Origin Records: 25 Organic Years


Origin Records was founded by John Bishop, who was a drummer before becoming a label head.

(Photo: Lisa Hagen Glynn)

Origin Records turned 25 in August. And in typical understated fashion, founder John Bishop says he didn’t go out of his way to mark the Seattle label’s silver anniversary.

But Origin did release its 500th title — Chris Walden’s Missa lubileum Aureum: Golden Jubilee Jazz Mass featuring Tierney Sutton, Kurt Elling, the St. Dominic Schola Cantorum and the LMR Jazz Orchestra — during that anniversary month.

And that’s just one of 20 releases scheduled on Origin for this year.

“We’re just cranking out records and trying to keep things moving. That’s all,” Bishop confirms in a phone interview from his office in the Emerald City of Seattle. “And being able to have our 500th release and everything else we’ve put out in 2022, it all feels like, ‘Ooh, it’s a party!’ anyways.”

The Origin story is one of fortunate timing, good will and camaraderie. And, as with most successful enterprises, there was a good deal of hard work involved, too.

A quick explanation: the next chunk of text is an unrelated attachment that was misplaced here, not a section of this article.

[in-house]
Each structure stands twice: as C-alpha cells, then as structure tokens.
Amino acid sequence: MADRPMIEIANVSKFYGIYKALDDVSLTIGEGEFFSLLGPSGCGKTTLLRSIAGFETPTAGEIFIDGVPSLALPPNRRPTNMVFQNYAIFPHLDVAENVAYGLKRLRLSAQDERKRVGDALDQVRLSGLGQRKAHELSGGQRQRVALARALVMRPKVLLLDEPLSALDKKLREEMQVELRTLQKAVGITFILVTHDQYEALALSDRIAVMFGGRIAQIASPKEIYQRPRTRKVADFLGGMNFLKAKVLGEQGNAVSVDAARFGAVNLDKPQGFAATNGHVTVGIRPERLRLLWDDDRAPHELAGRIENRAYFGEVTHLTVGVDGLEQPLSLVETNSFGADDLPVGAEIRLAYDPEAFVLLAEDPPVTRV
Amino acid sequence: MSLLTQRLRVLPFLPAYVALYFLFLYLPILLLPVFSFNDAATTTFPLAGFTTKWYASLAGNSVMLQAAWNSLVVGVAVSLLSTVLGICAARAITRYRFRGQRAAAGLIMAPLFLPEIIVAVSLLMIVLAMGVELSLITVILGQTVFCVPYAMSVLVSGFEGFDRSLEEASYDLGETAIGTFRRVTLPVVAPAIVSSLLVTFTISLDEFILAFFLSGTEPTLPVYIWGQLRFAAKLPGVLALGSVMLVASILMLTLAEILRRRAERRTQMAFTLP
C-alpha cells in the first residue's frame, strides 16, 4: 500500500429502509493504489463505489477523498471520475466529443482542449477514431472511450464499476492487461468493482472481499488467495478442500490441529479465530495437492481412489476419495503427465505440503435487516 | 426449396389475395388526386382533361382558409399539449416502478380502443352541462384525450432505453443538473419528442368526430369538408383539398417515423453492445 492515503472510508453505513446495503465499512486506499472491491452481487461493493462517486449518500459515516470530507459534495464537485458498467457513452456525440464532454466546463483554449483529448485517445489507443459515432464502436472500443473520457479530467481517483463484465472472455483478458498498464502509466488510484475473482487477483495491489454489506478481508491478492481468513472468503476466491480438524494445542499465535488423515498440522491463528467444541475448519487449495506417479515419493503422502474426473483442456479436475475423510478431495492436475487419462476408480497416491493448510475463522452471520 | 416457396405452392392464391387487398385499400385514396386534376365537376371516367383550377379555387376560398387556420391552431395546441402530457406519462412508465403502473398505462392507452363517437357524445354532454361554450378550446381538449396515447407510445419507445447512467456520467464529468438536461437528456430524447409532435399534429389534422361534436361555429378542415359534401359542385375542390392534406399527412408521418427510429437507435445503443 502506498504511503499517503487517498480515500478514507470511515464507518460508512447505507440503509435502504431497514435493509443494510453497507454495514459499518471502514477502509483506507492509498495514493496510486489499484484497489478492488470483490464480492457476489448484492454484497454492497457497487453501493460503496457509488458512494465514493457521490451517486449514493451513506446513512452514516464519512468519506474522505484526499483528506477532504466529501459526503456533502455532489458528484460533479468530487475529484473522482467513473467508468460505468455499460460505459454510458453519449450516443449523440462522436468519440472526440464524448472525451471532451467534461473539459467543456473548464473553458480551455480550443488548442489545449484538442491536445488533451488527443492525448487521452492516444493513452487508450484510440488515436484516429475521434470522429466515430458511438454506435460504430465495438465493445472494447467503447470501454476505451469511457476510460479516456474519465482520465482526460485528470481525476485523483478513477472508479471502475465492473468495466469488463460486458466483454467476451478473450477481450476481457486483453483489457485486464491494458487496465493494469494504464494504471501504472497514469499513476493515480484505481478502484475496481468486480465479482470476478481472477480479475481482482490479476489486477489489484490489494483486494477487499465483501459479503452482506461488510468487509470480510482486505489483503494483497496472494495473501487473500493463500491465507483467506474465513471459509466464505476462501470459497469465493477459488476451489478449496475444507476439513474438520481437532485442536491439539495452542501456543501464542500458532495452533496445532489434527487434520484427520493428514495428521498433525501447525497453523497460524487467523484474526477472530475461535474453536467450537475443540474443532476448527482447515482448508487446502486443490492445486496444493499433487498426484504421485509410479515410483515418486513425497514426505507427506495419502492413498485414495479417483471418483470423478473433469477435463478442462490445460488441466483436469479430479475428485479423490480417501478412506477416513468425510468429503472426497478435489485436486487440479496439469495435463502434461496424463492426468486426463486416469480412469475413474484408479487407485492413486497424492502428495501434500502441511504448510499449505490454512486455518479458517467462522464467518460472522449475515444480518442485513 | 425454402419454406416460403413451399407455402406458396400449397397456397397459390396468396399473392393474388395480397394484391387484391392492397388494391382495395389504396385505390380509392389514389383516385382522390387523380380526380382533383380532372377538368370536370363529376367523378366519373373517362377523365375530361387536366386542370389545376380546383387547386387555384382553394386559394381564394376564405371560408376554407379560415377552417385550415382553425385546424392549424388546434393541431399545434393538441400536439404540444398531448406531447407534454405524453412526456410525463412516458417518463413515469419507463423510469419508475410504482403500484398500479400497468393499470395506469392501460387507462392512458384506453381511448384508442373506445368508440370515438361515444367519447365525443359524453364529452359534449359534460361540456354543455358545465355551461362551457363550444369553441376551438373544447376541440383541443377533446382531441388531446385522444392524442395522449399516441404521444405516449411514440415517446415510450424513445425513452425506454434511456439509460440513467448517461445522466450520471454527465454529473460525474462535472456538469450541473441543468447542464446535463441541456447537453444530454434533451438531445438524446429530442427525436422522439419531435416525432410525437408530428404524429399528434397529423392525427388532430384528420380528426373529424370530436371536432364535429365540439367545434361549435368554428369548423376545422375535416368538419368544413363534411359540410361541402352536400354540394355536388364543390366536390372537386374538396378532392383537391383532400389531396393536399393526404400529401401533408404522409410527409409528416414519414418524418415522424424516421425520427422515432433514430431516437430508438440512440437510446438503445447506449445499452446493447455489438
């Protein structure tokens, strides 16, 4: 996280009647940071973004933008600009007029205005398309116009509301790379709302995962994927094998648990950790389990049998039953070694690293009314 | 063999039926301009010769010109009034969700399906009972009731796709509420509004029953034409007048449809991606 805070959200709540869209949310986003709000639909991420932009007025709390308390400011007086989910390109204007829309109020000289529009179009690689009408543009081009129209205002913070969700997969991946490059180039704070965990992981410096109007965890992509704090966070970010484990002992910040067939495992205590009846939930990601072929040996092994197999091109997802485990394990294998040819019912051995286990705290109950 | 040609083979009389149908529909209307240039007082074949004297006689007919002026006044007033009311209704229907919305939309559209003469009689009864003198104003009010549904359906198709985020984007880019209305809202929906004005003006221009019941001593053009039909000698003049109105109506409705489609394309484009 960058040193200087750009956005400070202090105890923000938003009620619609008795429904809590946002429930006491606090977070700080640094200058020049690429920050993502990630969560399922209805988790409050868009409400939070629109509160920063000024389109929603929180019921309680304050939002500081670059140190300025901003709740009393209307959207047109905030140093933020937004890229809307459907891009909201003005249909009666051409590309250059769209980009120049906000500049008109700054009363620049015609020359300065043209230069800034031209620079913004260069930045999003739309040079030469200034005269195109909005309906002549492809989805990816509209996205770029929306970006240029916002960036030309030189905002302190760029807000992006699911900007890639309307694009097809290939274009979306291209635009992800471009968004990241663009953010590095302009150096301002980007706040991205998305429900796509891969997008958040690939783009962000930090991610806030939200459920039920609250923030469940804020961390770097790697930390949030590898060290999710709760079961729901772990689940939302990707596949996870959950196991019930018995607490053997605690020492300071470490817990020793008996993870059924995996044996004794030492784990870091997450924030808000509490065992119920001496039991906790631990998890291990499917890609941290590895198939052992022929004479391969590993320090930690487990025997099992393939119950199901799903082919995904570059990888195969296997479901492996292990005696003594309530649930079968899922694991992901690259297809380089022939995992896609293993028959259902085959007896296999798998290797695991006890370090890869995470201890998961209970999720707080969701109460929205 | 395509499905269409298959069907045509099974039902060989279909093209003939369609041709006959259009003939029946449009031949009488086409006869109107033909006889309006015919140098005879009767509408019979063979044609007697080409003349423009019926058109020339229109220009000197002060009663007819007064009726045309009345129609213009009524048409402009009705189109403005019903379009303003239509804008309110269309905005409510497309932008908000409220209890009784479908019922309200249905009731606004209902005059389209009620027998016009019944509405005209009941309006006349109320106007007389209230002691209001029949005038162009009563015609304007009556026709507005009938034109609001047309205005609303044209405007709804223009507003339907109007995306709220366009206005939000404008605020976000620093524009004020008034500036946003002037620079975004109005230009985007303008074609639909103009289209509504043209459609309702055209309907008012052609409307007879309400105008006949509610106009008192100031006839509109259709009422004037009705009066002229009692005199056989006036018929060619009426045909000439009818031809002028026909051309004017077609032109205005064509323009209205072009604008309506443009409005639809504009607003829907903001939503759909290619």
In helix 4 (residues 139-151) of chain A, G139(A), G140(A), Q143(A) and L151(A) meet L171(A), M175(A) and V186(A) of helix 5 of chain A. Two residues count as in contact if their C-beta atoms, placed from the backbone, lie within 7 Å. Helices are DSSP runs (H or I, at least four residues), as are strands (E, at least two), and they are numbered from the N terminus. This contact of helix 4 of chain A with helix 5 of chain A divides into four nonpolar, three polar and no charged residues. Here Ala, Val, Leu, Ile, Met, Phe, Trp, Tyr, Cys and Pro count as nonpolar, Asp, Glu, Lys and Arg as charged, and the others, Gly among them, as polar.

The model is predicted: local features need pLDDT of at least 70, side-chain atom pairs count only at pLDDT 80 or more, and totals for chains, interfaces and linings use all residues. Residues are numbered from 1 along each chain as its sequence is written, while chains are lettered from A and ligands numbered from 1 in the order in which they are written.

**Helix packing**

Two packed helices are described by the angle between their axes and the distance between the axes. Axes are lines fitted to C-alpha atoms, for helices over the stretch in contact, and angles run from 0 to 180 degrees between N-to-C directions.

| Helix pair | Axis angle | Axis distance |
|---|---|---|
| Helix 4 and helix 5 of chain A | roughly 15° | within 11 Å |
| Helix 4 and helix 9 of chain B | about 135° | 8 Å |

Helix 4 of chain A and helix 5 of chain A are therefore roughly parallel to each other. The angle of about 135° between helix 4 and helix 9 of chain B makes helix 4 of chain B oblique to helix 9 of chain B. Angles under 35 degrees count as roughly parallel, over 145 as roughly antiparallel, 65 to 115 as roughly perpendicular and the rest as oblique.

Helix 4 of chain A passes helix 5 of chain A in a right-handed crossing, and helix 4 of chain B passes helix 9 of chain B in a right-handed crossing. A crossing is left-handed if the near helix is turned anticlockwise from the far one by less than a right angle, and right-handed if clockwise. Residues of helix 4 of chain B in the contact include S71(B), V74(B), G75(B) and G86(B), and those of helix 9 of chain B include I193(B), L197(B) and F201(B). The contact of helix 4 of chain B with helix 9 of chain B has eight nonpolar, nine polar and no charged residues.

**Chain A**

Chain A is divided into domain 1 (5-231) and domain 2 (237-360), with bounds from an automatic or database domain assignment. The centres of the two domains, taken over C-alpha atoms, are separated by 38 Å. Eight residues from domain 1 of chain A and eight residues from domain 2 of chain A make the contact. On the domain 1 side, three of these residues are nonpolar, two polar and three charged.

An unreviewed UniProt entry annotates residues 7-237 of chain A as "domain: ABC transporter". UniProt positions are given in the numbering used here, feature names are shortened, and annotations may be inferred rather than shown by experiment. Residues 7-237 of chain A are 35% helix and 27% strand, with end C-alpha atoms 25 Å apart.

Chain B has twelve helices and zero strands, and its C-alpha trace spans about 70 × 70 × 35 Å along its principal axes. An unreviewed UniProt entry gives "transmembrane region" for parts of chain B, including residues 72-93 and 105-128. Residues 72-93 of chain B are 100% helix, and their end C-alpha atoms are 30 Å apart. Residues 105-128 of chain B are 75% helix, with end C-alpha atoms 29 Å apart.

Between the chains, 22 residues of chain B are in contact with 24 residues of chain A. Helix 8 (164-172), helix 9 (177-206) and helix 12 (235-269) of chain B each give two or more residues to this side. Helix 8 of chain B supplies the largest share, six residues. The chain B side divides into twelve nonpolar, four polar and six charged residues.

“It was a magical moment there from ’92 to ’97,” says Bishop, reflecting on the period leading up to Origin’s launch. “The cost of producing CDs dropped like a rock, and the process of getting everything together was made easier by technology. At the same time, much of the infrastructure was still around. We still had Tower Records, Virgin Megastores and Borders, and there were still highly functioning distributors.”

Bishop, a drummer before he was a label head, knew the greater Seattle area as a working musician years before the label was even a thought. He also showed early signs of being a skilled professional hyphenate with his graphic design pursuits. “Way back in the ’80s, I was doing concert posters and cassette covers,” he reveals. “Then I had a couple of friends who forced a computer on me and made me figure it out in the early ’90s, when technology was moving rapidly.

“I probably did 40 or 50 CD covers, and it was, like, ‘Well, I’ve got records coming out. I produced them, they’re by friends of mine, and I’m doing all the covers. Let’s just put a name on it,’” he adds. “There was no big light bulb going off with me saying, ‘Boy, a record label would be fun!’”

Like Ellington had Strayhorn, Bishop has fellow drummer (and his former percussion pupil) Matt Jorgensen. “My partner in all this, Matt, started working on websites just as I was working on the label,” he recalls. “So he was figuring that that whole angle out as we got started.”

The Origin roster began with a natural local focus, highlighting work from musicians based in the Pacific Northwest, and then expanding outward. Bishop explains there has never been any big A&R plan and that the 350 artists came aboard as organically as Origin first came about. There are now other related labels including Origin Classical, which was founded in 2008.